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Heritage: The Wimbledon Journalist who became the voice of Hong Kong
Forty years ago, one of the BBC’s most respected foreign correspondents, Wimbledon-born Anthony Lawrence, retired from his post in Hong Kong after a prestigious career reporting on upheavals in China under Mao Tse Tung and America’s disastrous Vietnam War.
But he stayed there to write books, run a charity for refugees, and campaign for free expression. He was still there at the end of his life as one of the most respected figures in the local community.
Lawrence, who died last month aged 101, was born 12 August 1912, the second son of a clerk at Freemasons Hall.
He started life at 34 Effra Road and went to elementary school in South Wimbledon where the headmaster made periodic public appeals for boots to avoid dozens of the pupils coming to school barefoot.
Lawrence’s family clearly had higher hopes for their own five children as he went on to attend King’s College School and acquired the clipped tones expected of all broadcasters in his day.
Both his grandfather and uncle were journalists – for the Manchester Guardian and Daily Mail respectively - and Lawrence decided to follow in their footsteps, joining the Wimbledon Advertiser as a reporter in 1930 and going on to work for several London weeklies in the mid-1930s when his parents moved to 33 Thornton Road.
When World War 2 broke out he enlisted in the Royal Artillery, reached the rank of captain, married his first wife, Sylvia, and led his men in battle across France and Germany after D-Day in 1944.
His press experience came in useful in the war’s immediate aftermath as he was assigned to the Army’s Information Control Unit and he played an important role in founding the new post-war German newspaper, Die Zeit.
Tragically, Sylvia had been killed by German bombing while in a shelter for expectant mothers but, in Germany, Lawrence met his second wife, Irmgard. They were married in 1946. Returning to London, he joined the BBC World Service and soon became a supervising editor.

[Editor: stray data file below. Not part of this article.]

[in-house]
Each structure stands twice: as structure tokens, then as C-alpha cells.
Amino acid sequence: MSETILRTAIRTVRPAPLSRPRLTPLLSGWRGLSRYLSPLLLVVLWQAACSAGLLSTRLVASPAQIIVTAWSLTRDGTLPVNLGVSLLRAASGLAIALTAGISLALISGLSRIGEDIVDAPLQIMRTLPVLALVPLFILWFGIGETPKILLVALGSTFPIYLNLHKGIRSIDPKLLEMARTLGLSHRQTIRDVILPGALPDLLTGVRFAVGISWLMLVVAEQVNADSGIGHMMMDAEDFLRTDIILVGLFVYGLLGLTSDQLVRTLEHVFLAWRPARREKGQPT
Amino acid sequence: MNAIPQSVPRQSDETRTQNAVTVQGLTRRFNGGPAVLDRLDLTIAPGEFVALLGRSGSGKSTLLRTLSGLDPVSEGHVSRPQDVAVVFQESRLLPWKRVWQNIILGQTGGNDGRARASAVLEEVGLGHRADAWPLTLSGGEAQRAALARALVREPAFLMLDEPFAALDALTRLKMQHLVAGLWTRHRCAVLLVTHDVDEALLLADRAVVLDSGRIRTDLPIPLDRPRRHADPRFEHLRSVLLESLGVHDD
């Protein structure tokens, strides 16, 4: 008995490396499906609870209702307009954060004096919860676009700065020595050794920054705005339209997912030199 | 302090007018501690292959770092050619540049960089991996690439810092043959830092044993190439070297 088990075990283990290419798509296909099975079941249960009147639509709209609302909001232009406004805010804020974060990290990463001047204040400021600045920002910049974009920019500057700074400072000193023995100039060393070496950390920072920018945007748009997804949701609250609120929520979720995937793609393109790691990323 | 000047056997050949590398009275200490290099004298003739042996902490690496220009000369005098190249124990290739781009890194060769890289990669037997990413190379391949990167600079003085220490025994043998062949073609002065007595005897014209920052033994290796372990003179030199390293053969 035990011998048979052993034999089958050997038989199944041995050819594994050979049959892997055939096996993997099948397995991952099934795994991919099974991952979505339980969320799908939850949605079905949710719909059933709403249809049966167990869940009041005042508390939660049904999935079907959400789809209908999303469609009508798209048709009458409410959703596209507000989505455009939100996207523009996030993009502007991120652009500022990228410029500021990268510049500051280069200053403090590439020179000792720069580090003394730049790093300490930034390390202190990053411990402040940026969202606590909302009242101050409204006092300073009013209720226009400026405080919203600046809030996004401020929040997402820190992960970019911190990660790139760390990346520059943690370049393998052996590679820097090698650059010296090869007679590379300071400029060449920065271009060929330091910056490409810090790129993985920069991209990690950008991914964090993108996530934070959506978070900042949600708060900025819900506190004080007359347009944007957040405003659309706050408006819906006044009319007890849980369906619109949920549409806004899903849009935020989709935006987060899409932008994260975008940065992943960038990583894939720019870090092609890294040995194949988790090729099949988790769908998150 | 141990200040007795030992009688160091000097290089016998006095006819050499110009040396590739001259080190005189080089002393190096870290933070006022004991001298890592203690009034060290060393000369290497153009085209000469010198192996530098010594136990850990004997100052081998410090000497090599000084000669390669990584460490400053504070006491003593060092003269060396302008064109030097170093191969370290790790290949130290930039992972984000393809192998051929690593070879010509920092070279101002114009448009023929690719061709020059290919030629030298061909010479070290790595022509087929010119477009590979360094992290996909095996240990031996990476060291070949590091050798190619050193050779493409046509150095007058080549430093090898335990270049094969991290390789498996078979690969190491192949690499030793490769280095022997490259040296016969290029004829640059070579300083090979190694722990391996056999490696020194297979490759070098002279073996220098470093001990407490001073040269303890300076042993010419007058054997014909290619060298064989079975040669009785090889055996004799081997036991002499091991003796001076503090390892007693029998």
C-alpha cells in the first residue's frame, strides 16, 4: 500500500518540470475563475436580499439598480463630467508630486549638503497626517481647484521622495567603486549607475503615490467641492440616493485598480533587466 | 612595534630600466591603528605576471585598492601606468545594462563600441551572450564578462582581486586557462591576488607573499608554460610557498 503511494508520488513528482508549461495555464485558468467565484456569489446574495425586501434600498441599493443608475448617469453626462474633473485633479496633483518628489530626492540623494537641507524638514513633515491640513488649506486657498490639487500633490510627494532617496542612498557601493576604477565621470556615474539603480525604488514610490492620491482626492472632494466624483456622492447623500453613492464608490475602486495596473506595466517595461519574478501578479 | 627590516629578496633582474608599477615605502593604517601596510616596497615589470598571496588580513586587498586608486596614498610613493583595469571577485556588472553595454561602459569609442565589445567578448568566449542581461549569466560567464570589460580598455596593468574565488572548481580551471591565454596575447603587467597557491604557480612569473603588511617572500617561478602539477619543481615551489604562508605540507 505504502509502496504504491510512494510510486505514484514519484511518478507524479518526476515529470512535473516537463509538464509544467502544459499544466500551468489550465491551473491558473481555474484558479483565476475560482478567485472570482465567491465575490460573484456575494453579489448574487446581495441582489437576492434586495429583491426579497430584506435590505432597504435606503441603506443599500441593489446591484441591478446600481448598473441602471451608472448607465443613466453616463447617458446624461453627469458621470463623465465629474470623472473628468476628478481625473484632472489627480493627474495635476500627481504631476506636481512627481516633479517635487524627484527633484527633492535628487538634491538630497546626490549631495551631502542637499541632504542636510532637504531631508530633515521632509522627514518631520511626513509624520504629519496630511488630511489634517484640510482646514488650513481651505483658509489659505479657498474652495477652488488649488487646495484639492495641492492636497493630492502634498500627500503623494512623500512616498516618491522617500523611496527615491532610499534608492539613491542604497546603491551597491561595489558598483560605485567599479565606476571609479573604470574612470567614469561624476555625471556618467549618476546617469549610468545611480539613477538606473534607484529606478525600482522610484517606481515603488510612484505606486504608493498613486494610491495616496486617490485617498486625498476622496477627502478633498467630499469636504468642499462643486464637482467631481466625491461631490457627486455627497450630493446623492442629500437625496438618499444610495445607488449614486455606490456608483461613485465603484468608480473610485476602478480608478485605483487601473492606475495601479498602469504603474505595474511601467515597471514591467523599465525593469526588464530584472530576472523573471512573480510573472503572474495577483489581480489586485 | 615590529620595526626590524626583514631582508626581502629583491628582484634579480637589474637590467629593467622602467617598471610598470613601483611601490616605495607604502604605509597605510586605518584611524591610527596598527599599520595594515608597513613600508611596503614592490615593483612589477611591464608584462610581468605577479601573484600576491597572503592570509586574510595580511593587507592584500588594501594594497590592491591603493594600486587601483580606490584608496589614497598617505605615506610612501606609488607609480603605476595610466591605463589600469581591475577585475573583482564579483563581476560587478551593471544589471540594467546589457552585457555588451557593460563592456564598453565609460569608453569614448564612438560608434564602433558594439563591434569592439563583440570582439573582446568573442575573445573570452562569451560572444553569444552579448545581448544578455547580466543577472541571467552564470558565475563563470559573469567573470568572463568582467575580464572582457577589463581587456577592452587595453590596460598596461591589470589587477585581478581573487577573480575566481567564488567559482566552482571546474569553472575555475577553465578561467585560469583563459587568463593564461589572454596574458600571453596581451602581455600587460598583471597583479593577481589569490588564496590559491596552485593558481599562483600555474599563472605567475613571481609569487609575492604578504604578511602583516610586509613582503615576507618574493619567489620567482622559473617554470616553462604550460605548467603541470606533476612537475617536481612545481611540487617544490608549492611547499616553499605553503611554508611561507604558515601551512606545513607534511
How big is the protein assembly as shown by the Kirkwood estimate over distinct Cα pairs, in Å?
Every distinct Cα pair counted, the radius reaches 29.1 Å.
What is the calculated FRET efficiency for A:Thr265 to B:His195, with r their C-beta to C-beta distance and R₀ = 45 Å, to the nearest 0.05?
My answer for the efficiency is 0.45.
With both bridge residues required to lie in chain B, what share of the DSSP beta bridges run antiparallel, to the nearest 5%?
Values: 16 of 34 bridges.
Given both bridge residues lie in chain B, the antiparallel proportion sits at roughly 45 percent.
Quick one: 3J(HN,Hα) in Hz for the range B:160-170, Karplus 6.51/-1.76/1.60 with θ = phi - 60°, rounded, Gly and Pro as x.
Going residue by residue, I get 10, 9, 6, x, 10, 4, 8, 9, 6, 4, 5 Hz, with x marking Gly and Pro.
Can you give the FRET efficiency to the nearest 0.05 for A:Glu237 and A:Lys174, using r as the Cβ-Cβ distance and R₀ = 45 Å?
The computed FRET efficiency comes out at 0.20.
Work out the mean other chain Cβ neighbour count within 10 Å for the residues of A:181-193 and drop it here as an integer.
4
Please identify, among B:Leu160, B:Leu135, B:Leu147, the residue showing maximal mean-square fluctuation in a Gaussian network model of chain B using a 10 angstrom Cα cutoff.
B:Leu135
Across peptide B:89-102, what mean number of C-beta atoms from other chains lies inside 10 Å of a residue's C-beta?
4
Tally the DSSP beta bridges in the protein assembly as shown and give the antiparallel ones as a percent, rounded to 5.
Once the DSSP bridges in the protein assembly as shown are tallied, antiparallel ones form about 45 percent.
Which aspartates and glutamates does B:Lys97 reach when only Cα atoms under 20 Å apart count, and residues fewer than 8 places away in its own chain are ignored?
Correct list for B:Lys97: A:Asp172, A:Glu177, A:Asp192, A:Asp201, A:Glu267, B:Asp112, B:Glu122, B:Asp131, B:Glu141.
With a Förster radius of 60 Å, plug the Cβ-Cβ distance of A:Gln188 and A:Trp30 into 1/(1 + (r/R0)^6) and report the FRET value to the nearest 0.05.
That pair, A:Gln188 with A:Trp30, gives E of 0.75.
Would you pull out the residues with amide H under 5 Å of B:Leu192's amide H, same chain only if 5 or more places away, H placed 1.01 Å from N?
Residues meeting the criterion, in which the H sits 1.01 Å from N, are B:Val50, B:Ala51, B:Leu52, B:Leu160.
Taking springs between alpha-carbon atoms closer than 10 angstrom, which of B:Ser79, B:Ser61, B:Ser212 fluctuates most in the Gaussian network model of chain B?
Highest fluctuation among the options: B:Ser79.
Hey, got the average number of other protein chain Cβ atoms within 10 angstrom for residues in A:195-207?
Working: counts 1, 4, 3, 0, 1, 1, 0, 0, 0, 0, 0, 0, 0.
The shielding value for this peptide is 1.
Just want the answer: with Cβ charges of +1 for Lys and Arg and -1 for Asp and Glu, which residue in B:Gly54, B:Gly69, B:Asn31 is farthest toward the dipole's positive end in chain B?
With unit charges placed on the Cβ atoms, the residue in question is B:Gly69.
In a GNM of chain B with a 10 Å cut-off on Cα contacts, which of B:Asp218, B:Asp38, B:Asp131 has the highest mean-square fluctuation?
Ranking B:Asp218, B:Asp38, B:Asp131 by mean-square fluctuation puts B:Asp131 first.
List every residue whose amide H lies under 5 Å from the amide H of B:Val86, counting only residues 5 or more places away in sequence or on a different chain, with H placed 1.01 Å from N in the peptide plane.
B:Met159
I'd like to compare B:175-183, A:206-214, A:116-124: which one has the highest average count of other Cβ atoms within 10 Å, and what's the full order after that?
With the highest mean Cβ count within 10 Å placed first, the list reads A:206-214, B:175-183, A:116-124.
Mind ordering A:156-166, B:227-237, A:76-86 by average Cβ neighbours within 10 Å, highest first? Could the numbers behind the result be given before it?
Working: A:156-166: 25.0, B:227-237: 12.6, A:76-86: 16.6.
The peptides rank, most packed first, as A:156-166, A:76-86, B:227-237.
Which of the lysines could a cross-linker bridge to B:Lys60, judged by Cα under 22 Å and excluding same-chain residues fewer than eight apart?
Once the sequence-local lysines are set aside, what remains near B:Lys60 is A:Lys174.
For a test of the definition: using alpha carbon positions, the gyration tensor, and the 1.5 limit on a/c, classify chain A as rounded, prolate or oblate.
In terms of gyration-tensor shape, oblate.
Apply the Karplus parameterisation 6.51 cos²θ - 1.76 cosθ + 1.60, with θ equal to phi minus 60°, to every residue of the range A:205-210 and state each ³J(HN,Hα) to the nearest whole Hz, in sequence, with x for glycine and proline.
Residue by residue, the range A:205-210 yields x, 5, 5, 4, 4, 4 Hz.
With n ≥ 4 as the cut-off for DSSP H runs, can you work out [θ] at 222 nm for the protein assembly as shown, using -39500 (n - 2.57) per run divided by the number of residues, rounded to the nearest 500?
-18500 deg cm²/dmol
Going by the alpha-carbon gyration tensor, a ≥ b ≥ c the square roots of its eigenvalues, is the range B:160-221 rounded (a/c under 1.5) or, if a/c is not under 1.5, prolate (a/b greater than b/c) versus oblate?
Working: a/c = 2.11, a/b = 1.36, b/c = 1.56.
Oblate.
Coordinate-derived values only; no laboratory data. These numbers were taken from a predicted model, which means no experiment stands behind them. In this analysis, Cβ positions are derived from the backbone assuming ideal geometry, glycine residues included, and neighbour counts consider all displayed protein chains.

He and Irmgard were living at 19 Camp Road, Wimbledon, in 1947 when he stood unsuccessfully as a Labour candidate for a council seat in South Park ward. Their son Alex was born the following year.
Eight years later in 1956 he decided to switch from editing to reporting the news and was posted with his family to Singapore as BBC correspondent there. The office was moved in 1960 to Hong Kong where he headed the Far East bureau for the next 13 years, covering wars, riots and rebellions throughout the region as well as the every day lives of the Hong Kong people.
In September 1972, the year before he retired, he was himself interviewed by fellow Wimbledonian and BBC stalwart Roy Plomley for the classic radio programme Desert Island Discs, then 30 years old.
Over the next 40 years, Lawrence was doyen of the Foreign Correspondents Club, wrote several books, lectured, and from 1988 chaired the Hong Kong branch of the charity International Social Service which assisted refugees fleeing to the colony from other parts of Asia.
When Hong Kong reverted to China in 1997 he came out of retirement to report the handover. He later marched with others protesting against attempts by the new regime to restrict the freedom of expression enjoyed under British rule.
He outlived both Irmgard and their son Alex and at the age of 100 was awarded an OBE in the 2013 New Year Honours List for services to the Hong Kong community. He died on 24 September 2013.
The Wimbledon Society is working with the Wimbledon Guardian to ensure that you, the readers, can share the fascinating discoveries that continue to emerge about our local heritage.
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